Kathleen Tracy | HealthGreatness
In these days of extreme body makeovers popularized by workouts like CrossFit, P90X, and Insanity, walking seems almost quaint. While it may not have the flash, buzz, or trendy T-shirts of the latest no-pain, no-gain exercise program du jour, walking is no underdog when it comes to health benefits.
Now, walking as exercise is more than a leisurely stroll so leave your parasol at home. Nor is it speed walking so your hips can rest easy. It is moving at a steady brisk pace. The rule of thumb is that you should walk as fast as you can while still able to hold a normal conversation without gasping for air in between words. Generally, the longer you walk the better but simply walking for at least 30 minutes three times a week will improve your aerobic fitness and help improve metabolic efficiency.
And research shows it does not have to be continuous minutes. Walking for 30 minutes at a time five days a week provided essentially the same fitness benefits as taking three 10-minute walks five days a week. The most surprising finding was that those taking the shorter walks actually lost more weight than those taking the single longer walk. Walking alters your body’s fat metabolism so that fat is burned up instead of sugars so walking several times a day keeps the metabolism revved.
But most of you already know that walking is good for you and helps lose excess pounds, maintain a healthy weight, reduce the risk of coronary heart disease and stroke, control cholesterol, and lower blood pressure. But there are other lesser known benefits provided by walking. For example, studies show that walking—especially walking with a dog—makes people more social. And more social people are happier people. And happier people tend to be significantly healthier than their mopey counterparts.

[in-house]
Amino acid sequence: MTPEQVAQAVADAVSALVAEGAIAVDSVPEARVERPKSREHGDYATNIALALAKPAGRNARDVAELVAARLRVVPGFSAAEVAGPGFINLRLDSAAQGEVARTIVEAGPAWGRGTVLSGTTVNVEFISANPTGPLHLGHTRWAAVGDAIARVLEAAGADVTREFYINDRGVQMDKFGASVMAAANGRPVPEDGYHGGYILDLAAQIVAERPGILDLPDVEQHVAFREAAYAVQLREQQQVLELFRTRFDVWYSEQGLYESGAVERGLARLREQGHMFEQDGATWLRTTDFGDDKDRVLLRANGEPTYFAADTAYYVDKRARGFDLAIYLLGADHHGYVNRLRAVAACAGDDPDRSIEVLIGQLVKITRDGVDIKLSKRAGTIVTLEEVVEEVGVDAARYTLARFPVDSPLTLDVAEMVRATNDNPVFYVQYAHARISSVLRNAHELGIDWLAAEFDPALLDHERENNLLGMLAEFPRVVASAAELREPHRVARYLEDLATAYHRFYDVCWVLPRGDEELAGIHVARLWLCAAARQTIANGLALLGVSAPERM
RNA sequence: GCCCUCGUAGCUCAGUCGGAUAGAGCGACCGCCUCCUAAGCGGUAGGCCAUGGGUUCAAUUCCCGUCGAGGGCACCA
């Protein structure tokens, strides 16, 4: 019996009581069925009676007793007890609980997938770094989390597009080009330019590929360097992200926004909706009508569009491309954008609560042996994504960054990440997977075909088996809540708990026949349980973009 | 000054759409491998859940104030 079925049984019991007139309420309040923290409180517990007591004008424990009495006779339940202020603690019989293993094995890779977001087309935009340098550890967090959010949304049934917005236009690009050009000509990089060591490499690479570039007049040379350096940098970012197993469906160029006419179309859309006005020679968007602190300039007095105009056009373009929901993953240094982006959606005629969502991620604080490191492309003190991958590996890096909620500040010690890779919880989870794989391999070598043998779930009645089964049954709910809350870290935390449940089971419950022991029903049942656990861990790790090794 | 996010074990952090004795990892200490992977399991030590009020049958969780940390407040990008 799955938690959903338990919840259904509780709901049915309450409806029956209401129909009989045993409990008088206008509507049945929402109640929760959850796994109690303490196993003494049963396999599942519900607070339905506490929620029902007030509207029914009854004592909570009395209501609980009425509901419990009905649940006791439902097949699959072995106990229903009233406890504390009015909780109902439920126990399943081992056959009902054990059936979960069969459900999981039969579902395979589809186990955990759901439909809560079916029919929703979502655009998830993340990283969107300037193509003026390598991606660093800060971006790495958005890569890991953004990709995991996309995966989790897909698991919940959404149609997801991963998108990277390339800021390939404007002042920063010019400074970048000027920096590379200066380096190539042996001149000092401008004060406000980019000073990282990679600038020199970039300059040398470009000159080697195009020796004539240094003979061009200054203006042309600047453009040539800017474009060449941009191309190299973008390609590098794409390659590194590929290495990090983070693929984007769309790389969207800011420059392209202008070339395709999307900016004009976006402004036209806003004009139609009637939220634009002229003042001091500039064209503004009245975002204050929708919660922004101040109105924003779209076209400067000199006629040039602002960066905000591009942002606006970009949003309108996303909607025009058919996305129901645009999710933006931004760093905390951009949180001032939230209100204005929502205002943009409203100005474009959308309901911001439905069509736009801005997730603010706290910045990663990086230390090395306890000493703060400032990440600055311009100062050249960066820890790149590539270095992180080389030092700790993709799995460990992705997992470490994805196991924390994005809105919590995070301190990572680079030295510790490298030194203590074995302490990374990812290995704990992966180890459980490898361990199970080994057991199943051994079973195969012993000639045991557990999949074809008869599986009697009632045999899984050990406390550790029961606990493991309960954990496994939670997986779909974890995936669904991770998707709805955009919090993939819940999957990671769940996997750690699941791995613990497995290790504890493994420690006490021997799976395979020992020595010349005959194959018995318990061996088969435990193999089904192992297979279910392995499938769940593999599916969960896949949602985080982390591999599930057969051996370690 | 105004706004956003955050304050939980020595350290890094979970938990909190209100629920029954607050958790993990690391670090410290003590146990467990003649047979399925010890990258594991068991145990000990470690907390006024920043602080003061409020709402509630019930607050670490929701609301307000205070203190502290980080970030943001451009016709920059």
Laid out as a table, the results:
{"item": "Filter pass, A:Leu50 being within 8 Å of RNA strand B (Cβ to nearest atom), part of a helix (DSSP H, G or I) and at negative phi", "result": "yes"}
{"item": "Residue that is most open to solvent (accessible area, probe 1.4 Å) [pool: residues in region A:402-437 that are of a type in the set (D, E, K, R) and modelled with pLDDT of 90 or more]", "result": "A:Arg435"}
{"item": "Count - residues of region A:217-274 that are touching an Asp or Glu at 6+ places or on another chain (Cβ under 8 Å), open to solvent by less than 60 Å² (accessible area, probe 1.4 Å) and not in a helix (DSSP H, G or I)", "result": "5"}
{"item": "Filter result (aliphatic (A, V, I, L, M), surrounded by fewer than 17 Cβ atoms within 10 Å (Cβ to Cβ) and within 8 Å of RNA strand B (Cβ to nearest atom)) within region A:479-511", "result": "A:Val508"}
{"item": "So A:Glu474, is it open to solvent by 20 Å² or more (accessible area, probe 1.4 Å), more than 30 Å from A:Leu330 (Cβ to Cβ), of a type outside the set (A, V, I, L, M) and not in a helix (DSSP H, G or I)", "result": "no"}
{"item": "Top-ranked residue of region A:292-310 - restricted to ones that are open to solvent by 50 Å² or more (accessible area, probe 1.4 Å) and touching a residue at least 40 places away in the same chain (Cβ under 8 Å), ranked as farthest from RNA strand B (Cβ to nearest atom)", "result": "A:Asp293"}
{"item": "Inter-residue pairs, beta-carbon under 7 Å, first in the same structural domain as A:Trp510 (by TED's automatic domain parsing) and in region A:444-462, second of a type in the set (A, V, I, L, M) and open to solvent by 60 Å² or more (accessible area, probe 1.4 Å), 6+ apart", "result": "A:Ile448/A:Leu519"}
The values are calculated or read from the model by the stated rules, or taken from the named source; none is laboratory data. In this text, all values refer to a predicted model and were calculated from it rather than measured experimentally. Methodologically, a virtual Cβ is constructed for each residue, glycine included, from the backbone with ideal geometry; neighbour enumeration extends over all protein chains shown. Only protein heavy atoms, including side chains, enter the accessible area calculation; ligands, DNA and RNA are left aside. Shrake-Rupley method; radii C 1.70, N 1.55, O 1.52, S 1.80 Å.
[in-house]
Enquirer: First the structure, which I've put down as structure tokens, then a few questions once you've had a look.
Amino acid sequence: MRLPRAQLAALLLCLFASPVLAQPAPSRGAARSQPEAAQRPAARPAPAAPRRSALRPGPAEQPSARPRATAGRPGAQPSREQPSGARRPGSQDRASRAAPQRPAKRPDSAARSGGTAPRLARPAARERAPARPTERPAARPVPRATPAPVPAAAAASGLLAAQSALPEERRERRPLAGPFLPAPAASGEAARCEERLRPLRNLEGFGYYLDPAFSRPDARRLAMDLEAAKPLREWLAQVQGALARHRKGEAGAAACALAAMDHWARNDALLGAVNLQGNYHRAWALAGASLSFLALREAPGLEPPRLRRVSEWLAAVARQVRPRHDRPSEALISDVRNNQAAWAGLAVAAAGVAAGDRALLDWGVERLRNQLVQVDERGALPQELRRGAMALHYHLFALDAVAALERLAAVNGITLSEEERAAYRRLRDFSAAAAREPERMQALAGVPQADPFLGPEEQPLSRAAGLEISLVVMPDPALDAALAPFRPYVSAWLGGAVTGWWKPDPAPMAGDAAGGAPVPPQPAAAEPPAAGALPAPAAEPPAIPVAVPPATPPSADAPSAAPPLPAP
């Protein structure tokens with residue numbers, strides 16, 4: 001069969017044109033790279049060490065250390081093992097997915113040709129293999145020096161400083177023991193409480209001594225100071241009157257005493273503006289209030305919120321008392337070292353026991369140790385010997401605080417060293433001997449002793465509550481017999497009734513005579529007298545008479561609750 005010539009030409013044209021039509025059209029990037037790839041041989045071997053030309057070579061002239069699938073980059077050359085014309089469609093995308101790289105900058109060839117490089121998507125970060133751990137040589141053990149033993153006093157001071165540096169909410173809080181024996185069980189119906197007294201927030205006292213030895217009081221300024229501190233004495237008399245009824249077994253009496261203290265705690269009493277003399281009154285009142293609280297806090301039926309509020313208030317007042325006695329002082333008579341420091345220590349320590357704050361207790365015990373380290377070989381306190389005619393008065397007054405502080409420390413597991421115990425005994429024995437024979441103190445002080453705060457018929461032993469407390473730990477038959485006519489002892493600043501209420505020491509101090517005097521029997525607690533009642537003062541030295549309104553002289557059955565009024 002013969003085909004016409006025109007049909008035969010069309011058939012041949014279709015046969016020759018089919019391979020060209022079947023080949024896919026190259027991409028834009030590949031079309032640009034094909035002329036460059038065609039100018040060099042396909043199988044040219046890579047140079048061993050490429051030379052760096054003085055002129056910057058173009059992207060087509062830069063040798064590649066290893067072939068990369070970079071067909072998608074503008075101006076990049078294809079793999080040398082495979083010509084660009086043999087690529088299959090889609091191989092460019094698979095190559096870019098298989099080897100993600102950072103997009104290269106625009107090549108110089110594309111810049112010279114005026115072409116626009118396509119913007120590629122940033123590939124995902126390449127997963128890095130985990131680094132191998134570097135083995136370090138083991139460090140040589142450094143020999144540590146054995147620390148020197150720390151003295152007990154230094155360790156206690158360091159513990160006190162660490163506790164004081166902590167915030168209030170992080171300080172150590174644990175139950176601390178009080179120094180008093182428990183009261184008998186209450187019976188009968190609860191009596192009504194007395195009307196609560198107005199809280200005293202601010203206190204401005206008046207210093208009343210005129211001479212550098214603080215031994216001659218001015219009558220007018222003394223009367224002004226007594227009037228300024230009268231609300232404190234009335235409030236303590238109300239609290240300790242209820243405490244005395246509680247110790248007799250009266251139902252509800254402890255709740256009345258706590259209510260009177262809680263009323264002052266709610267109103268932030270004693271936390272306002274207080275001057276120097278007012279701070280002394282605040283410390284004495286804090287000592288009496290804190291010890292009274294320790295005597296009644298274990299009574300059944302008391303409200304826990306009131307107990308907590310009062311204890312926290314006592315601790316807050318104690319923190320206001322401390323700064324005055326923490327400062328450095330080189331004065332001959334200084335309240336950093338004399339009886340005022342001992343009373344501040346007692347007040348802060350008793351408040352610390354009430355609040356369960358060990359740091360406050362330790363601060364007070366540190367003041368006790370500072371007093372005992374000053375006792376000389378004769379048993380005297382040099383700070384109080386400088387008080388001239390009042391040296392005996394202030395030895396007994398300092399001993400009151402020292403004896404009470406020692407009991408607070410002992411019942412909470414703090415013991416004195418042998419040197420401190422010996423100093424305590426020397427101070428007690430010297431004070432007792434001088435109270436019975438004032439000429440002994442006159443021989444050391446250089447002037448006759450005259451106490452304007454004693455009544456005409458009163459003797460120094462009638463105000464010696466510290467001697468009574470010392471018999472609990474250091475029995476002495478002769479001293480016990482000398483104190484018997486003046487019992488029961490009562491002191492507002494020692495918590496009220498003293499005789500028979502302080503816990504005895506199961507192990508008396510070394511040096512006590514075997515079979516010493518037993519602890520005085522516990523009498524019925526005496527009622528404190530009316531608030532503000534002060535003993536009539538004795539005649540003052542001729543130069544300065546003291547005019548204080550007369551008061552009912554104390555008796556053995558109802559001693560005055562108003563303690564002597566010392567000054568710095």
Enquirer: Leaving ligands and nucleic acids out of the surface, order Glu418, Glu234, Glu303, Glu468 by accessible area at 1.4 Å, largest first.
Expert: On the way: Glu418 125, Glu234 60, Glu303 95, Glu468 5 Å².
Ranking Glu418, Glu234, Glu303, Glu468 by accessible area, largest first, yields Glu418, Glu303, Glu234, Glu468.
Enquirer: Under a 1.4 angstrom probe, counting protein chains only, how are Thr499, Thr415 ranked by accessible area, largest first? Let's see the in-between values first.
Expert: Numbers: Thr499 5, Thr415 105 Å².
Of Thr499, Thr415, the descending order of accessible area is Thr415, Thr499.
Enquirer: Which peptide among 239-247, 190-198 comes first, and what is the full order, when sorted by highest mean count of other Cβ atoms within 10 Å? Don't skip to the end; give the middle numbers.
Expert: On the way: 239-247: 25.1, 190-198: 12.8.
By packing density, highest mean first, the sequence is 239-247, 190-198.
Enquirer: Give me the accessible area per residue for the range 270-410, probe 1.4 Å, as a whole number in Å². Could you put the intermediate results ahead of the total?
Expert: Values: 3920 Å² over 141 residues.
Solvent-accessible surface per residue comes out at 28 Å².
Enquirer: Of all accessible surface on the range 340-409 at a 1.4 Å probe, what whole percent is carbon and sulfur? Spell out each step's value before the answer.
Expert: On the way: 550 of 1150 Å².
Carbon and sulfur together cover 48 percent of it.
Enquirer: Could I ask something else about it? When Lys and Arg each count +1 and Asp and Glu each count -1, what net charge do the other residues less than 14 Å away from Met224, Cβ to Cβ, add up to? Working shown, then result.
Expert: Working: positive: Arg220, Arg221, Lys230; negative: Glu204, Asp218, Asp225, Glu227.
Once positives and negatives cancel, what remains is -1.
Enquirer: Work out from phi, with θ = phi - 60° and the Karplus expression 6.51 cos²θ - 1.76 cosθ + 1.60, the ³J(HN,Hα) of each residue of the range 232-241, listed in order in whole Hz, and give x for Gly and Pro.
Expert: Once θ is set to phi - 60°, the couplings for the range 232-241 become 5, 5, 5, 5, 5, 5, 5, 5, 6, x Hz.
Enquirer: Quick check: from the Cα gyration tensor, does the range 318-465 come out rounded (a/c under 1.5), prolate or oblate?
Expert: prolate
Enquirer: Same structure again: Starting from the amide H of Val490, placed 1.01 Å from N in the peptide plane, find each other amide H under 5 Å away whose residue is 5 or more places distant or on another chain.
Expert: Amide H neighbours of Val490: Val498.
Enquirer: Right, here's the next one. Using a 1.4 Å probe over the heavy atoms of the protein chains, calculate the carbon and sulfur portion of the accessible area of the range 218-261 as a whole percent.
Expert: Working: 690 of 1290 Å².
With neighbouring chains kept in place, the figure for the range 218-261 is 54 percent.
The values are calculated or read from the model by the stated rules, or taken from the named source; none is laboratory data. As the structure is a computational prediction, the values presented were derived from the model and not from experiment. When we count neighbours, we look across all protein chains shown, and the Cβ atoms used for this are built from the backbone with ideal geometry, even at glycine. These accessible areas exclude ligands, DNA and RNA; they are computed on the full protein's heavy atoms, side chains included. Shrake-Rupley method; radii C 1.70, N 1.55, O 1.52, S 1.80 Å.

Getting enough sleep doesn’t just keep you alert; it also helps you live longer. The Centers for Disease Control call insufficient sleep a public health epidemic. “Persons experiencing sleep insufficiency are also more likely to suffer from chronic diseases such as hypertension, diabetes, depression, and obesity, as well as from cancer, increased mortality, and reduced quality of life and productivity.” A regular walking program has been shown to help people sleep better and longer. To be honest, researchers don’t know exactly why we sleep better with regular exercise, they just know we do. Just don’t walk too close to your normal bedtime.
Walking has also been shown to help prevent or lessen depression. Some of it could simply be the relaxing effects of sunshine and fresh air. It can also be that walking promotes the release of chemicals that help alleviate stress, a component of many depressions. But people who walk regularly tend to have a more optimistic outlook.
Lastly, walking is an effective pain killer. Osteoarthritis (degenerative joint disease) is the most common type of arthritis and most often occurs in the knees, with more than 10 million Americans afflicted. The worst thing you can do is stop moving. A new study published in June 2014 found that walking may help improve knee arthritis, alleviate pain, and prevent disability. Likewise, up to 80 percent of adult Americans experience back pain at some point. The gentle aerobic activity provided by walking has proven to be an effective treatment for many cases of temporary back pain.
Walking proves you don’t have to be an Olympian to benefit from exercise. Just make walking a regular part of your week and you’ll soon be sleeping better, fitting into your clothes better, more optimistic, more flexible, and more content with life. Walking is no underdog; it is the path to improved overall wellness. Put that on a T-shirt.